Several times on board a "Star Ship" the hulls have been compromised expelling crew members into space. Why not have an emergency system whereas when a person is ejected into space a transporter automatically beams that person back on board?
Examining a prime example of this in action:
From what we see, the first line of defense should be the emergency bulkhead, but in the example above it fails to initiate in a timely manner. Given that the processes involved in determining whether or not there's a hole in the hull should be comparatively simple compared to deciding if a crewmember is in or out of the ship (and whether or not they should be in or out, since they might be in a spacesuit) and then transporting them back in, we can probably assume that either:
- The bulkheads are normally considered sufficient, so no programming exists for the transporters.
- The bulkheads are malfunctioning, in which case the transporters may be as well.
There may also be considerable risk in programming the computer to auto-transport. If someone were to hack the computer, such a system could be reversed to place people out into space instead. Considering we don't see automated beaming of intruders into the brig or injured crew to sickbay (I can't recall any cases of fully automated transporting in the shows actually), it may be safe to say that Starfleet chose to prevent the computer from running transports without direct human control/initiation for safety/security reasons.
Shields block the transporter, and in combat a ship is going to have shields full on.
In ENT, the transporters were normally only used for cargo and not for people (multiple episodes, Star Trek: Enterprise). In TOS, beaming within the ship was considered unsafe or at least risky (Star Trek 3x11 "Day of the Dove"). For both time periods, it seems unlikely that they would be able to develop a system of the sort that the question describes.
From TNG on, this is less obviously problematic. However, as early as the launch of the Enterprise-B, ships were capable of projecting emergency force fields to seal hull breaches, and were programmed to do this automatically (Star Trek: Generations). This greatly reduces the need for an emergency beam-out system. Combine this with the simple fact that, when a person is sucked out into space, they are moving and therefore hard to lock onto, and this whole design just seems rather improbable to me.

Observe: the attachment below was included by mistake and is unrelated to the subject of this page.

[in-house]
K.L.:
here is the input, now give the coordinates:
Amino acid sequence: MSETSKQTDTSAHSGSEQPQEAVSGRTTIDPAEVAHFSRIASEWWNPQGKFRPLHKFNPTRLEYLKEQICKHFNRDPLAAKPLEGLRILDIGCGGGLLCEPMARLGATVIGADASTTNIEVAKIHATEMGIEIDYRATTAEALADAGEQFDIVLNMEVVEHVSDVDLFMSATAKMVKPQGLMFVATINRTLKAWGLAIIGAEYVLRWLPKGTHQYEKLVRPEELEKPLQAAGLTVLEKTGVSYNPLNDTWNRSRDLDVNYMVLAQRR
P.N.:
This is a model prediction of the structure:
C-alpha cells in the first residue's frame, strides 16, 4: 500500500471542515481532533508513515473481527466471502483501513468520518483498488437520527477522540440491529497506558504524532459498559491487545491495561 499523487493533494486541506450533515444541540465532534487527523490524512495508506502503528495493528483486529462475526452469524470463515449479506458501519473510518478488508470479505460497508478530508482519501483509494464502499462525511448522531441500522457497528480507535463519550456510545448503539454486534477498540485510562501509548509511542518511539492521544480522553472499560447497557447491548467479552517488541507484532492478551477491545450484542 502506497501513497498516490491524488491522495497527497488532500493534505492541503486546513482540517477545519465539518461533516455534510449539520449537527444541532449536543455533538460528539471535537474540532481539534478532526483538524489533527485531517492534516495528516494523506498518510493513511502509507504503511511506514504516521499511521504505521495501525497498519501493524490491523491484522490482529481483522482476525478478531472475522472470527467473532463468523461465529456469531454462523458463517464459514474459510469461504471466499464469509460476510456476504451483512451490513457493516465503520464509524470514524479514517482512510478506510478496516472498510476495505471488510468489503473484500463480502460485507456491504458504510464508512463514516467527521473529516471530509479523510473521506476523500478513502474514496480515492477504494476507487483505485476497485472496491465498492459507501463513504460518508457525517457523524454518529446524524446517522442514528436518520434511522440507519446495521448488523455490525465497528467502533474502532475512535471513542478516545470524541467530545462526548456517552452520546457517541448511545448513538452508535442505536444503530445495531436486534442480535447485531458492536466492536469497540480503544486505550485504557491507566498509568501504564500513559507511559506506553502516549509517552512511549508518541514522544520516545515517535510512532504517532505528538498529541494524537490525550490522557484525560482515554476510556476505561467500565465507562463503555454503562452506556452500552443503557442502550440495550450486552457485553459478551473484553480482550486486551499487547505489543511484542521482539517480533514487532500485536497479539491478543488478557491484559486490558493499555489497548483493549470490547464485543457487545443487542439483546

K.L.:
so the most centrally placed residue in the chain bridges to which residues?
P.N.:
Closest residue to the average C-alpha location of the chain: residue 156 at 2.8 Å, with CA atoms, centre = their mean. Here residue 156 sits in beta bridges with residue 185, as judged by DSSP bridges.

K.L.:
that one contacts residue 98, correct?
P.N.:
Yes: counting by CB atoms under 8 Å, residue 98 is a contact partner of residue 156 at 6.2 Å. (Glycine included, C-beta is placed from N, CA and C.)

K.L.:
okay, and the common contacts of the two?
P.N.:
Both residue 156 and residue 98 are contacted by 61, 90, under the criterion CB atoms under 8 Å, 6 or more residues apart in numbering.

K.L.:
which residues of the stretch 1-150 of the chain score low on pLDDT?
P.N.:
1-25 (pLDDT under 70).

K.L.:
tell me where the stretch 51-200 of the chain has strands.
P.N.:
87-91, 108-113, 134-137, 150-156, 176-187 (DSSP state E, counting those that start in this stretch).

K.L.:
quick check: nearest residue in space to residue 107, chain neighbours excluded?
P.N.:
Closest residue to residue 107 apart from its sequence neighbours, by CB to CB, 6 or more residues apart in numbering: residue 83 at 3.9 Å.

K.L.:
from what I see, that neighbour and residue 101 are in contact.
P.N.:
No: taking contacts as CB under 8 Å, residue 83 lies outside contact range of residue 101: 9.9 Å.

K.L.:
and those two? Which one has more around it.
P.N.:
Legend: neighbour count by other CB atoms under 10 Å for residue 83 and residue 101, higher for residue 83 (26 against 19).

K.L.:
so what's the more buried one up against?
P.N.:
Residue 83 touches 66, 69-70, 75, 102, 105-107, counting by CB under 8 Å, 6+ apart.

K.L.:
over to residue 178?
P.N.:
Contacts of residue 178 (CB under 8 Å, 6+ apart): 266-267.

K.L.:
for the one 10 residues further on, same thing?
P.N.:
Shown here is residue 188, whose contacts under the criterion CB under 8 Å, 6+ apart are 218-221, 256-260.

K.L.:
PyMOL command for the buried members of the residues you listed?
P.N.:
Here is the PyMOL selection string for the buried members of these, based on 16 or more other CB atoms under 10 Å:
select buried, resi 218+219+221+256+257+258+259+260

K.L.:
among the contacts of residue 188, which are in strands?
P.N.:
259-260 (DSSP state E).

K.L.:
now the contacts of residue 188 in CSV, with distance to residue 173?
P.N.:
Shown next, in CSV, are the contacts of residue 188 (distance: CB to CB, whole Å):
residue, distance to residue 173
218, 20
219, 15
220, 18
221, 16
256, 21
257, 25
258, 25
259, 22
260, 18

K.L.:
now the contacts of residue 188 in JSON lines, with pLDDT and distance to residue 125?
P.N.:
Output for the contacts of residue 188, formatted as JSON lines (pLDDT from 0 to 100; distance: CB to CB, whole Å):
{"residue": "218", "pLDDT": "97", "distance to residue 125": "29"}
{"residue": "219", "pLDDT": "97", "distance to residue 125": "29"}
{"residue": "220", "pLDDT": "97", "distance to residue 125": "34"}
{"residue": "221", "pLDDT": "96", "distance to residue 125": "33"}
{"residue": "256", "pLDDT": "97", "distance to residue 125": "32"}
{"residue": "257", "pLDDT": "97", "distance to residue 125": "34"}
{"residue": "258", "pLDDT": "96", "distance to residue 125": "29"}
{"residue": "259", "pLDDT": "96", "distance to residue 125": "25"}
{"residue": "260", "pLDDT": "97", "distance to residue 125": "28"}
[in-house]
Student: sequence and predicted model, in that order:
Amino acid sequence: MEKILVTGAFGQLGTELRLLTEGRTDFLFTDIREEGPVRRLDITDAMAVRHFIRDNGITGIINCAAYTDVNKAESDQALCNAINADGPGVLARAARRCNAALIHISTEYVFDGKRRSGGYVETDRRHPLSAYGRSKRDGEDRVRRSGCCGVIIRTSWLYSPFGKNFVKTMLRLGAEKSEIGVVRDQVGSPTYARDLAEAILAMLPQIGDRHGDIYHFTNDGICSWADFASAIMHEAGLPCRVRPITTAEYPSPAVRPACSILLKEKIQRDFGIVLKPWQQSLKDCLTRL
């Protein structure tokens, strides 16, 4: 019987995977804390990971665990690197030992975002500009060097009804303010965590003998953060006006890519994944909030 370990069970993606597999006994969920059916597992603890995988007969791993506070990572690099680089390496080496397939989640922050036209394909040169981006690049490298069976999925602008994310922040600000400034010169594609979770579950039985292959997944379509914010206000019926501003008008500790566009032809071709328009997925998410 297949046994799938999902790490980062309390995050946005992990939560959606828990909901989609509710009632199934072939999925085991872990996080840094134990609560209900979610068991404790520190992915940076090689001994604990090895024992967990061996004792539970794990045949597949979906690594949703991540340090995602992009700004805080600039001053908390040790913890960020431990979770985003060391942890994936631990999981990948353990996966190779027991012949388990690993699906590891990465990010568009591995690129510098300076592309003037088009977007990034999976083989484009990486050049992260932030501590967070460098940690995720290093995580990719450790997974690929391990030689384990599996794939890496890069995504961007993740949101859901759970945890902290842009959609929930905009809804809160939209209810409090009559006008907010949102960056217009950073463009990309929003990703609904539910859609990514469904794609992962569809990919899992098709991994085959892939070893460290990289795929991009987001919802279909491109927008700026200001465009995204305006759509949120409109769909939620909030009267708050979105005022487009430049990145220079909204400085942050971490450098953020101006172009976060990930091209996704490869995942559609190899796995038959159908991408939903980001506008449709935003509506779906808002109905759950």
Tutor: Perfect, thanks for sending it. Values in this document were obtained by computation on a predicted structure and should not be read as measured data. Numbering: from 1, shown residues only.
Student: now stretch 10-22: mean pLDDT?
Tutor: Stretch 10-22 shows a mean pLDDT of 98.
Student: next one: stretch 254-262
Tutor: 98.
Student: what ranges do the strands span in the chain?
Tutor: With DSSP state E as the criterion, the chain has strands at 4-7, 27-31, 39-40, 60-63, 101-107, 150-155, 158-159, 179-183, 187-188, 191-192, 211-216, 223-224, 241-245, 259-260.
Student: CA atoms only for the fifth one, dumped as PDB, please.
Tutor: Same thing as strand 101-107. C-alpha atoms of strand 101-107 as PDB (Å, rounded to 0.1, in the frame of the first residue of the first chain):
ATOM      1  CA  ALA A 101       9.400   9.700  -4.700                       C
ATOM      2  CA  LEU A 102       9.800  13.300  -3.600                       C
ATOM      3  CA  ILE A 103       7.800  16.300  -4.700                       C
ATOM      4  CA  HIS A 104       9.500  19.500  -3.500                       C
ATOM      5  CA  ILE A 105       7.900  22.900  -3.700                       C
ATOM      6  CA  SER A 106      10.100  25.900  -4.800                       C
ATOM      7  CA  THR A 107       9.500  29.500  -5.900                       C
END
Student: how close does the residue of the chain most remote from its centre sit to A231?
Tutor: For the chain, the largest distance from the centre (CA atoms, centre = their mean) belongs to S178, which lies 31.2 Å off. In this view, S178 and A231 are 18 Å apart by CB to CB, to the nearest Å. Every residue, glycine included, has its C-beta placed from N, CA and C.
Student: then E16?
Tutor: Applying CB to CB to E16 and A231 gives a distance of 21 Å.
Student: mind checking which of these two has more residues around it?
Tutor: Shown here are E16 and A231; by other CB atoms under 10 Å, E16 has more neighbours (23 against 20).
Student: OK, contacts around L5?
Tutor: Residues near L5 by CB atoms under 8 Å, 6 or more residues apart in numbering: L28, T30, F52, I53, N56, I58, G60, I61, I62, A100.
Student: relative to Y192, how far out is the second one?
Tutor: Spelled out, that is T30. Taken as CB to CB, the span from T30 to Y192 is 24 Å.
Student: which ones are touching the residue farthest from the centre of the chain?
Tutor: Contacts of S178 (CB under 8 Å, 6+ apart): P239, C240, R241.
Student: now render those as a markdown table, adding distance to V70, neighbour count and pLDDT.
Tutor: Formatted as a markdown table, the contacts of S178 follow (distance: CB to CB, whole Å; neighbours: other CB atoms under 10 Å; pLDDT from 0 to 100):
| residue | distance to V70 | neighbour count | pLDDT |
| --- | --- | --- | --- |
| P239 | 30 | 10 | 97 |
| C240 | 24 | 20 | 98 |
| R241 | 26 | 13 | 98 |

: "Correction, sir, that's blown out into space" - Data, Star Trek: The Next Generation 1x03 "The Naked Now"
: If you accept the Abramsverse as canon, Star Trek (2009) provides an example of this being difficult but not impossible with a sufficiently talented transporter operator.
Realistically the reason is to add tension and drama to the story.
In universe there are many situations where a transporter lock requires manual input. On top of that if the ship is in combat it's possible that the computer's are busy with processing other combat related tasks or that power is being routed to shields and weapons rather than transporters.
In the ENT episode "Cold Station 12", Archer is briefly in open space and transported aboard so a human could survive in open space and be transported back. Throughout the series we have seen numerous examples of reviving the dead so it is reasonable to assume that a shipmate flung into open space could be revived after a much longer time that we are currently able to at this point in reality: http://memory-alpha.wikia.com/wiki/Death
Knowing this; and with the chaos and confusion of a battle, power needs for weapons and shields, and not being able to drop shields to transport, it may have simply not been a priority to retrieve them immediately as they would most likely be recoverable and revivable after some time.